Man fined for farting in front of police argues it’s ‘freedom of expression’—reports
A man who was fined €500 (around $600 or P29,000) last year for farting in front of police in Vienna, Austria, recently argued that it was a form of “freedom of expression.”
The man, whose identity was withheld, was able to lower his fine to €100 (around $120 or P5,800), as per Austrian newspaper Der Standard earlier this month as cited by The Local on April 9.
In challenging the fine, the man argued in court that farting is a “biological process” that even if intentional, it would amount to freedom of expression.
The Vienna Regional Administrative Court did not remove his fine, although it was lowered as the court acknowledged the man’s clean record and financial status. He was described to have only had “average” culpability of the offense, according to the report.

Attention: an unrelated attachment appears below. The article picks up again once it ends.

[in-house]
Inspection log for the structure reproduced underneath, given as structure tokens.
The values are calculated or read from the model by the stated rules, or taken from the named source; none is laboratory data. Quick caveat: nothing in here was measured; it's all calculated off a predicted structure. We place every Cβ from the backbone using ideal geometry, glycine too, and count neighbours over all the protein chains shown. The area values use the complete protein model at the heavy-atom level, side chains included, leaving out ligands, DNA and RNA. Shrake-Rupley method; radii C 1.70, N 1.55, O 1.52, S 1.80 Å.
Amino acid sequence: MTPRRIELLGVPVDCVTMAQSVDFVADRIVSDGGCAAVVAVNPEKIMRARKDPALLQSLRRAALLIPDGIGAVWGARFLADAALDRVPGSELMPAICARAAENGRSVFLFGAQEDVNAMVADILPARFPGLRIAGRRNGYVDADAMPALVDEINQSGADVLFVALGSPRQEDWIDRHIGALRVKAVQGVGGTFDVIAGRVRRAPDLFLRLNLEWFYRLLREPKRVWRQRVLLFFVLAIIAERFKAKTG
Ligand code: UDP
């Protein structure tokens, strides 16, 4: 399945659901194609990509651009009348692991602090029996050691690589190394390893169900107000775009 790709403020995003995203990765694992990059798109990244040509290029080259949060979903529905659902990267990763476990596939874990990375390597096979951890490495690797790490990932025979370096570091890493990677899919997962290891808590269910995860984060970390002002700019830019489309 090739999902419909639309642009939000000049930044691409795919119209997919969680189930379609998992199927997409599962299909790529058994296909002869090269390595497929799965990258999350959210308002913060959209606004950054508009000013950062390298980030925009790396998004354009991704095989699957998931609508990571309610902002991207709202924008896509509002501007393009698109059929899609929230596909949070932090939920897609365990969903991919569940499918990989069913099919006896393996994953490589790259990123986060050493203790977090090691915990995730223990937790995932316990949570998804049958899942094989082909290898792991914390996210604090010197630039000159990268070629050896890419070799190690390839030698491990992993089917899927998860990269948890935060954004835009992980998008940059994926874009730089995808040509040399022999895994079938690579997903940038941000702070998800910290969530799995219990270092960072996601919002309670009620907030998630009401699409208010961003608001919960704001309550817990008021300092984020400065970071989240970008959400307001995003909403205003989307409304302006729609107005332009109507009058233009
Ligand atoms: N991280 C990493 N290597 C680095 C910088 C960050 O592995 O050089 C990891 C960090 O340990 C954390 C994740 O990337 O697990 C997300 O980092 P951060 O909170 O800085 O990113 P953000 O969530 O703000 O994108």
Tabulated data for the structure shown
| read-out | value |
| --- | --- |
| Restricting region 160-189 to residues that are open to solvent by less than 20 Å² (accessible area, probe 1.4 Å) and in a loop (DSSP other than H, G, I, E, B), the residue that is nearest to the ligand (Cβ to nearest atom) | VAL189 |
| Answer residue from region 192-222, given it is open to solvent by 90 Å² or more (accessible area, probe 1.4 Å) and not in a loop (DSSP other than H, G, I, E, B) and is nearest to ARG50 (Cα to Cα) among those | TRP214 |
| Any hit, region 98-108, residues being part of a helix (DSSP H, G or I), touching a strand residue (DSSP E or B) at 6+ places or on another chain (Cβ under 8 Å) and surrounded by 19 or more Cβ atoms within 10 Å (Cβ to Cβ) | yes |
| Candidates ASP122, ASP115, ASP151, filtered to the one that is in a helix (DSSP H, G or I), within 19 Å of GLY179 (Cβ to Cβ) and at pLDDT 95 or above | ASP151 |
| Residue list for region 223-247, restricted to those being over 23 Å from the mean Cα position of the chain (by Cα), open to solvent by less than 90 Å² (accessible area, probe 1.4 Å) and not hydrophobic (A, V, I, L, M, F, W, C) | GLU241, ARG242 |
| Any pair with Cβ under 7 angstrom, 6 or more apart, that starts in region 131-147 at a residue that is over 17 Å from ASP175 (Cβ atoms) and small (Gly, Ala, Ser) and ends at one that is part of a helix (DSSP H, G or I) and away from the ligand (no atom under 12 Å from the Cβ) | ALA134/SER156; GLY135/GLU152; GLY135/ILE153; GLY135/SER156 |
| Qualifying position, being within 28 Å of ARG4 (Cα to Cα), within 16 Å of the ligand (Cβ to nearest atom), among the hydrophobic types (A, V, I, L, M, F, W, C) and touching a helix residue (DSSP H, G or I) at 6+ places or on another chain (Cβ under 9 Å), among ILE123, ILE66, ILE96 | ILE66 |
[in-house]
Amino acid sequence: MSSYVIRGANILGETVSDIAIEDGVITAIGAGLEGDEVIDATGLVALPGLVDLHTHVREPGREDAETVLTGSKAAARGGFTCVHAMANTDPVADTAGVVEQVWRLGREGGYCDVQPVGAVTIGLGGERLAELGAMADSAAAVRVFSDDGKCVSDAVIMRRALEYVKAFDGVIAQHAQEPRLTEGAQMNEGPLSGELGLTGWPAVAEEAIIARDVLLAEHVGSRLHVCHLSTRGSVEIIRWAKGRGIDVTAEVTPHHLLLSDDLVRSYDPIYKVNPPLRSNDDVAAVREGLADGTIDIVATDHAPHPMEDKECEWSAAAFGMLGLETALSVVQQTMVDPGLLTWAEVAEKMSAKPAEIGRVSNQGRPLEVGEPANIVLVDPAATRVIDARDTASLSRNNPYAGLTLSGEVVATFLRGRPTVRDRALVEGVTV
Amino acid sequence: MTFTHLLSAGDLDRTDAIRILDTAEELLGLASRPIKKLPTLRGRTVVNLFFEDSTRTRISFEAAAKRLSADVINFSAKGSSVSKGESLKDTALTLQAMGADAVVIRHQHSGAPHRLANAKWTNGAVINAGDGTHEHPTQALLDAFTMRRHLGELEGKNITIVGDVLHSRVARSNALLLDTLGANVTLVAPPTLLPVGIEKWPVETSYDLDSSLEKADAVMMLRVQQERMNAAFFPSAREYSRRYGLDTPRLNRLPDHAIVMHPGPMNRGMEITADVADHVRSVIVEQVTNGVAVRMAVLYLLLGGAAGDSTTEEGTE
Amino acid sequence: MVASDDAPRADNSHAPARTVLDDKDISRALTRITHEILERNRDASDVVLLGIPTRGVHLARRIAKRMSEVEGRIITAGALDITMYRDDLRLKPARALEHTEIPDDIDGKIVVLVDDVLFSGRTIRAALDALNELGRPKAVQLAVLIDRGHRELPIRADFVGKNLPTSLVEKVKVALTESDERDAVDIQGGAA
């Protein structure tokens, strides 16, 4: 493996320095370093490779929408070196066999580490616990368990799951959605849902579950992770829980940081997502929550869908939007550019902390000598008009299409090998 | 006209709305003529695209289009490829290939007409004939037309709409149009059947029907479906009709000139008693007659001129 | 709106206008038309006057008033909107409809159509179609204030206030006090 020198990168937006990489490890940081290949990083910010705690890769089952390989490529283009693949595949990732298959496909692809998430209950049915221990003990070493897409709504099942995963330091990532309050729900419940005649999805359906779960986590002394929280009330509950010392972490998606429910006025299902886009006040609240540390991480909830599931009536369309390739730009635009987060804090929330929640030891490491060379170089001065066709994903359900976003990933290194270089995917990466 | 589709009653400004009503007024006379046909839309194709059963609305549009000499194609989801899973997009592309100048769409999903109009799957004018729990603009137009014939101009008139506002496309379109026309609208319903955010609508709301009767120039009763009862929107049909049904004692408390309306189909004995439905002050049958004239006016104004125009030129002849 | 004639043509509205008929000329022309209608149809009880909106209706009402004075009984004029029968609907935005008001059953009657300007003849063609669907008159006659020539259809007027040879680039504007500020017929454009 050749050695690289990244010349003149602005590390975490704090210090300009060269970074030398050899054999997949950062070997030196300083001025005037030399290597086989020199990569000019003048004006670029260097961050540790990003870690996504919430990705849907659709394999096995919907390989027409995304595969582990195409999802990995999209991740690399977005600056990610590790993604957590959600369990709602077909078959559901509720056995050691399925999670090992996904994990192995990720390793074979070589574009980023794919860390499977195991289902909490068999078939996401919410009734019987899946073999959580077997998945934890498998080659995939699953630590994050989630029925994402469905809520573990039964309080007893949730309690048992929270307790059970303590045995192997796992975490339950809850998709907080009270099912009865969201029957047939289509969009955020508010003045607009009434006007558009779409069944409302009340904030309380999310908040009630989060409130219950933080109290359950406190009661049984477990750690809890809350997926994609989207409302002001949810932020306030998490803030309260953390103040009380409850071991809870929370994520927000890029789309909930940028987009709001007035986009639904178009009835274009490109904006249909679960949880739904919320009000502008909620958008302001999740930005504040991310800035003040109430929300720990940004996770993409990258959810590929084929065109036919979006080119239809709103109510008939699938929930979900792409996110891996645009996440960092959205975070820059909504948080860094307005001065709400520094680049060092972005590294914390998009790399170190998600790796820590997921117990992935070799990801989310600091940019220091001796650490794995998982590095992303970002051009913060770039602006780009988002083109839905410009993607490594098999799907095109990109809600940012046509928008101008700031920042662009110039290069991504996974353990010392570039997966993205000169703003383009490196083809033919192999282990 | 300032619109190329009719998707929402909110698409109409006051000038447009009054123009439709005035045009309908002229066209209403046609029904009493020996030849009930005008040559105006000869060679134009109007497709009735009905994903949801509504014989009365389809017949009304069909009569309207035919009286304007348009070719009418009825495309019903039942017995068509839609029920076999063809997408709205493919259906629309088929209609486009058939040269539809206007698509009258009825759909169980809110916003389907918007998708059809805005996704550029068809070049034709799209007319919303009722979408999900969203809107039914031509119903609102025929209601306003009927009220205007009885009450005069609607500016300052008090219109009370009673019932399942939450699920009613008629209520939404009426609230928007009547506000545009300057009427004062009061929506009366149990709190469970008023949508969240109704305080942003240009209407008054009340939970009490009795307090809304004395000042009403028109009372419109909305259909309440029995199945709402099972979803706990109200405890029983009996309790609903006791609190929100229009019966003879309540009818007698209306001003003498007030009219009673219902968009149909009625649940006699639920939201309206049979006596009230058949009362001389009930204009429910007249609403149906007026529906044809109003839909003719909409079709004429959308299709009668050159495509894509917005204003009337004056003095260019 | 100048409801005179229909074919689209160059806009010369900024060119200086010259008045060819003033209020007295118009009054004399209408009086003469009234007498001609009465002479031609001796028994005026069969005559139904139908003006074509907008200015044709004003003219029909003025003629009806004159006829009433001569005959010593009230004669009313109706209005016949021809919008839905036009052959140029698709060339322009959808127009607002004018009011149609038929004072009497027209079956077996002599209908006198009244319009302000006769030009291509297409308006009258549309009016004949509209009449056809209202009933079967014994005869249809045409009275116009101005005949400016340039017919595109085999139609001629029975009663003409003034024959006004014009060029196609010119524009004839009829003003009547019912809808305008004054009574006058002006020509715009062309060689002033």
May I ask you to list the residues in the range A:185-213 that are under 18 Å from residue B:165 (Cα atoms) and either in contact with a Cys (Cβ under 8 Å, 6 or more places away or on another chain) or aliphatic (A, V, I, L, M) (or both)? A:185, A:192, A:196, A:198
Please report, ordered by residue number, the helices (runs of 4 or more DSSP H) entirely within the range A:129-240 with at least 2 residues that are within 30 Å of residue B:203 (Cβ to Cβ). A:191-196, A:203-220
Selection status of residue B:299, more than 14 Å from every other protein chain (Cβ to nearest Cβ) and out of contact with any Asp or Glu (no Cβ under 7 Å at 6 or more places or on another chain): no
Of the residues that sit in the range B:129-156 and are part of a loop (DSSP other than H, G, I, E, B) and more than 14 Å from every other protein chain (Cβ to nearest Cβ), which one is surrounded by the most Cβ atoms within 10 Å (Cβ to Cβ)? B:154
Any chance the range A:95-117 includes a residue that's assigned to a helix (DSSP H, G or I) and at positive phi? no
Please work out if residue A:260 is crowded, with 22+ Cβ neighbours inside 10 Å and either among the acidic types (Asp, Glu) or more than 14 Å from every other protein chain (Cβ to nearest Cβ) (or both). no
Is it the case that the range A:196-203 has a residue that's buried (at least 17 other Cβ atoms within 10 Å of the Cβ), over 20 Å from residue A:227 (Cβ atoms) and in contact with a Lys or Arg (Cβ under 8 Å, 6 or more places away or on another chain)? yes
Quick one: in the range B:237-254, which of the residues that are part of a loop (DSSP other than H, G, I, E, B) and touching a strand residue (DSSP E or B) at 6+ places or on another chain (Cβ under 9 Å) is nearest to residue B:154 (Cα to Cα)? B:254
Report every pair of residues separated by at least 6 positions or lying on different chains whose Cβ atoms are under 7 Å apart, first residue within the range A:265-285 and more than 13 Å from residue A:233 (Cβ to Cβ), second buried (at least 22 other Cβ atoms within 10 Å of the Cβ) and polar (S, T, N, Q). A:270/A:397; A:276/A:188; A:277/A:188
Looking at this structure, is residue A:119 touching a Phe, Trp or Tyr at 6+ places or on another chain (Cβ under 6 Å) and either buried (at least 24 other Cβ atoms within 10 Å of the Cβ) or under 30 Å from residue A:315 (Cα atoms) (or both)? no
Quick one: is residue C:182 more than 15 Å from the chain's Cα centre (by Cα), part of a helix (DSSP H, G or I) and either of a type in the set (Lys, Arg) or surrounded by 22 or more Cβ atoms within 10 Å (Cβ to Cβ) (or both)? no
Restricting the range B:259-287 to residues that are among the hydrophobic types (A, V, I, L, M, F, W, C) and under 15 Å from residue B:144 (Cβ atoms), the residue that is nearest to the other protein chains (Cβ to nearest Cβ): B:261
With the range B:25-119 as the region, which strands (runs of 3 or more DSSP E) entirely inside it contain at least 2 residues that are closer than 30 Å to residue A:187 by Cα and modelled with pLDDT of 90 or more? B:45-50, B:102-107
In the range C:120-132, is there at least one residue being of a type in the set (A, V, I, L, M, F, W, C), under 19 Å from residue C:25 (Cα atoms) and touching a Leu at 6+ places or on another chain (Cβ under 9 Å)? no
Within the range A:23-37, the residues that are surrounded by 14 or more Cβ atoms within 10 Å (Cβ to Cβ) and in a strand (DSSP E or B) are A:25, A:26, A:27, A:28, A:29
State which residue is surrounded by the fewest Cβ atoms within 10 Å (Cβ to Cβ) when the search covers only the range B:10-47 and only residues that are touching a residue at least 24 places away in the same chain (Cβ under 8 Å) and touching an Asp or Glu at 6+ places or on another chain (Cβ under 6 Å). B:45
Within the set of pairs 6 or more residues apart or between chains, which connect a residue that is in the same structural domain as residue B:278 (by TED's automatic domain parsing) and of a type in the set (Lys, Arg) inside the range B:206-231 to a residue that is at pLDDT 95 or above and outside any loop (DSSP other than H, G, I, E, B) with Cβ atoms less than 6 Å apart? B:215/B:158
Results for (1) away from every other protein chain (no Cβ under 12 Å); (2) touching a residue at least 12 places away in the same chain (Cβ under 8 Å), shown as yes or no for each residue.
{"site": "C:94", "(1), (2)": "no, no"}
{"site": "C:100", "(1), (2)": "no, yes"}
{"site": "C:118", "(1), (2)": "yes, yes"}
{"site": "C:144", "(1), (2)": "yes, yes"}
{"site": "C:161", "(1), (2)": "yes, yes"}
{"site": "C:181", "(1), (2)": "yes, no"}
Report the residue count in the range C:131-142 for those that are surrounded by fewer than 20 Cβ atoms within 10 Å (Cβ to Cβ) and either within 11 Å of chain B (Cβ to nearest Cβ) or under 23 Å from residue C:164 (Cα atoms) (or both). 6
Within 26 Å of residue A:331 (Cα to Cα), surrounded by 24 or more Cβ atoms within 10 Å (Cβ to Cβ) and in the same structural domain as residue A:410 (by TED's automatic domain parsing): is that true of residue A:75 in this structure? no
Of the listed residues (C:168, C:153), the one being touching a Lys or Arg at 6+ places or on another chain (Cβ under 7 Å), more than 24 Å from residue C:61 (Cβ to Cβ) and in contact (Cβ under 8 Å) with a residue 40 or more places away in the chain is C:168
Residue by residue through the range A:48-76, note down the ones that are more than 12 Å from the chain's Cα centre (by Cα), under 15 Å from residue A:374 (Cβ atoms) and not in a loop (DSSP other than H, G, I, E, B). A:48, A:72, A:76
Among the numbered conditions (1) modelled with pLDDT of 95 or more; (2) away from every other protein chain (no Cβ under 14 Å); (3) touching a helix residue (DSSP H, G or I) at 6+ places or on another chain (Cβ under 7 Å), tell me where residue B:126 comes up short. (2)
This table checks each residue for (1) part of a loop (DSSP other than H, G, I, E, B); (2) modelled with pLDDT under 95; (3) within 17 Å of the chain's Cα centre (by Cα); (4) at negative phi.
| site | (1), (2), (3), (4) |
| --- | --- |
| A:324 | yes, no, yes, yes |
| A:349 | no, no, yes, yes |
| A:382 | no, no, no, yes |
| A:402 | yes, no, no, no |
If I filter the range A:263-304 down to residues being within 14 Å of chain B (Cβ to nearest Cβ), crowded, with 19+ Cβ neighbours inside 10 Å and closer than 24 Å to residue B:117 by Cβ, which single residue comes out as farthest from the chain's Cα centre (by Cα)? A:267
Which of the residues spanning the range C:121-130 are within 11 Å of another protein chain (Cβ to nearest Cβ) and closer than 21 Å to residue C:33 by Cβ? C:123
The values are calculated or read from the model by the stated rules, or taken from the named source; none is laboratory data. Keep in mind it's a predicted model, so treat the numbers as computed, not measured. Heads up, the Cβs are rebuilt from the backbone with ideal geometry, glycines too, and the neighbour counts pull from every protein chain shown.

In the ruling, the court recalled that the farting incident occurred in June last year while he was sitting on a bench at a park, hanging out with friends.
The man, who was referred to only as Mr. AB in court documents, and his group were approached by police officers for a routine identity check, Vice reported in detail on April 14, also citing Der Standard.
“When he released the intestinal gas, the complainant was sitting on a park bench,” the document was quoted as stating. “He then lifted his buttocks and tensed up a little before letting the intestinal gas escape.”
“The complainant’s friends laughed at the intestinal gas and witness F made a joke. Due to the resulting entertainment from the intestinal gas, the defendant grinned at the officers,” it added.
While the judge did not approve of his argument and just lowered the fine to €100, Mr. AB’s lawyer, Matej Zenz, told local Viennese newspaper Kurier that they would appeal the decision before the country’s constitutional court.
Zenz maintained that it is “a matter of principle” to them, stressing that it is “petty to get a punishment for a fart.”
The court argues, however, that this specific farting incident is not a case of “pure body stimuli” as it was done so in a “form of expression that transcends the boundaries of decency,” The Local reported, citing Der Standard. Ian Biong /ra